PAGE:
6 Things You Learn After You Move to London

Life in the big city is not always as it seems. You can attest to this the very first time you go through a relocation and end up in the big city, where you are left wondering is this truly what was previously advertised. When moving house to a different city, you get all sorts of information about that city, yet you can never have the clear picture before you actually go there and start spending time in it. And after a few days, you will be very educated about the ways of the city and what is expected from you once you end up there. And what is it that you quickly learn when you go to London? Here is a list.

1. You spend a lot of time underground.
When you move to a big city, you need to be aware of the transport system. With a place with over 7 million people, not everything is within walking distance – sometimes if anything at all. So educate yourself about London’s transportation system, and especially the London Underground. Known also as “The Tube”, this will be your best friend when trying to reach other parts of London, literally miles and miles away from your location, even if you live in the Central part. And when you learn about the Tube, you will spend more time there than you actually thought – it is incredibly cheap and gets you to every part of London you want.

2. The prices are high.
Yes, London is a big city, and you expected it to be expensive. But you surely didn’t expect it to be this expensive. Housing in London can be daylight robbery unless you find a really good real estate agent, and that goes for rentable flats as well. Rents can make you feel very poor, and sometimes that is the cheapest thing in the city.

3. Your job is priceless.
Because of the aforementioned reason, you will learn to hold on to your job like a person drowning to a string of hair. Your job is priceless, because without it you could very well be left out on the street. Sure, the employment rate is high and there is always something to do, but not everything leaves you with a pocketful of money after bills and rent pass. So if your job pays well, you would be wise to not lose it.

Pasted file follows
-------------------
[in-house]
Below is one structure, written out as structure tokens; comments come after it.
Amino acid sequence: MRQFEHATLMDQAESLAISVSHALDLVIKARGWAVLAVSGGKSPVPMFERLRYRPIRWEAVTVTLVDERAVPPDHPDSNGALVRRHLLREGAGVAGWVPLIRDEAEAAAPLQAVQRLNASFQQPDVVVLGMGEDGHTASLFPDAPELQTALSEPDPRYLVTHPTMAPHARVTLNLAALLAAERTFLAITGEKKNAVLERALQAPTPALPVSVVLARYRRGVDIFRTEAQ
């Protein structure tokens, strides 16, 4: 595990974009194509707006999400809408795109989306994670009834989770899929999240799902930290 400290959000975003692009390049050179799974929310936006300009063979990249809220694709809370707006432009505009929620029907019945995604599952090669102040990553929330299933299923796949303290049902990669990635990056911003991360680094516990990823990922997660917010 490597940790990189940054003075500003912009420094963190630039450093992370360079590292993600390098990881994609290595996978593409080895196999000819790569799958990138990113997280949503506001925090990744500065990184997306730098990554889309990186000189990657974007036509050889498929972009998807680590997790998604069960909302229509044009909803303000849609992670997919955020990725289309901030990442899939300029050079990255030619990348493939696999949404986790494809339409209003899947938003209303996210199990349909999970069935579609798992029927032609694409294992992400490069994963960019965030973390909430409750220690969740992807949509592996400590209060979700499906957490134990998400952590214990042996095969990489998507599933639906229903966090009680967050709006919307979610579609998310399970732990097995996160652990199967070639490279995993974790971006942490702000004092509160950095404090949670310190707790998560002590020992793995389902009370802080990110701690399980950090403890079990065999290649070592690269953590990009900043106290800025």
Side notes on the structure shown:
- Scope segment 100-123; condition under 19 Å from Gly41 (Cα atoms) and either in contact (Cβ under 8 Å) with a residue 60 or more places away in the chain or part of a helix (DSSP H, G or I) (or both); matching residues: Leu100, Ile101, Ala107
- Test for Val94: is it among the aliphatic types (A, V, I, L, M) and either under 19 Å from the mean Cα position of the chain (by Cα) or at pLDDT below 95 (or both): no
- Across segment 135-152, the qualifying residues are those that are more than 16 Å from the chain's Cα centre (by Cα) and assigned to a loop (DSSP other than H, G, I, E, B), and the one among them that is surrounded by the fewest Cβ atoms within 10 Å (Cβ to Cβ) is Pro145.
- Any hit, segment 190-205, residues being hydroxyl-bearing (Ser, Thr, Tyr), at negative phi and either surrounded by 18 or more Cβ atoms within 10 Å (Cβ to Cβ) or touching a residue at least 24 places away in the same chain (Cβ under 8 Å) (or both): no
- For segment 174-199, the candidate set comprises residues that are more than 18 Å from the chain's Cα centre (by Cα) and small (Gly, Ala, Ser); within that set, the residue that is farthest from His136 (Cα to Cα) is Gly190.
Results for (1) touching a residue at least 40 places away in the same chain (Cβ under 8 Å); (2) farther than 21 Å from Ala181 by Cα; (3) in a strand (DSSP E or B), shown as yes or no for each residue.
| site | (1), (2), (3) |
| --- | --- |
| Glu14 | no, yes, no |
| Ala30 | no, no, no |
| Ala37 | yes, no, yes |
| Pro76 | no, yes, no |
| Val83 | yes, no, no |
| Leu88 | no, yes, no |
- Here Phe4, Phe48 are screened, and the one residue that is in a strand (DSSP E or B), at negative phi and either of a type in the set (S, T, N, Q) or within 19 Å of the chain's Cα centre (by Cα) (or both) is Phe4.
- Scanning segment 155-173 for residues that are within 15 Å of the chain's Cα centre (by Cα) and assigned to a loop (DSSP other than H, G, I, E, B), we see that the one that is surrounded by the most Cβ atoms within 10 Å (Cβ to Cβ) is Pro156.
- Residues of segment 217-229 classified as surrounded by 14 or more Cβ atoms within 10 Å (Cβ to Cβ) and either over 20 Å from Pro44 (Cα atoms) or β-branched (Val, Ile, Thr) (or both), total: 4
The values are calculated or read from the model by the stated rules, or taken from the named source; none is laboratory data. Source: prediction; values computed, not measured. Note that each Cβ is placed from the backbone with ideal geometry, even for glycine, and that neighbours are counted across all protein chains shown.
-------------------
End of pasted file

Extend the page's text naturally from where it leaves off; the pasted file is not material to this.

4. Londoners are very talkative.
People keep up the theory that Londoners are the stiff-upper-lip type of people who are difficult to talk to because of their unemotional countenance and love of condescending silence. That is a wrongful perception given by people who spend too much time watching 80s movies of British aristocracy, sometimes made by everyone but the British. Once your moving company drops you off in London, try talking to somebody. Your query will, shockingly, be met with a straight response. And if you try to keep up the conversation, there will be reciprocation.

5. There is nothing beyond your reach.
Well, geographically-speaking, anyway. All of London’s districts are easily reachable once you learn the transport routes and links, and if you don’t know where something is, you can simply ask. Londoners will not hide their locations from you; they will always be helpful and will tell you how you can reach any certain place (provided they know, of course).

6. Manners are not the most important thing.
Talkative doesn’t always mean good-mannered. Whatever you perceive as good manners will be redefined once you arrive in London. They don’t mean bad, but you won’t see a Londoner thanking a bus driver, tipping a cabby or a waiter, holding the door for a lady or somebody carrying seventeen bags, or even apologising when bumping into you on the street. You will hear many words if you are a driver and make a mistake, though. And almost none of them will be an apology or a lesson, unless you count directions on how to get out of a person’s way. Mind your manners, they will tell you, but don’t be too absorbed in them.

And with this you should be prepared to face the brunt of the clash with Londoners. You should now make your moving checklist and prepare for the relocation in this wonderful and sometimes amusing city.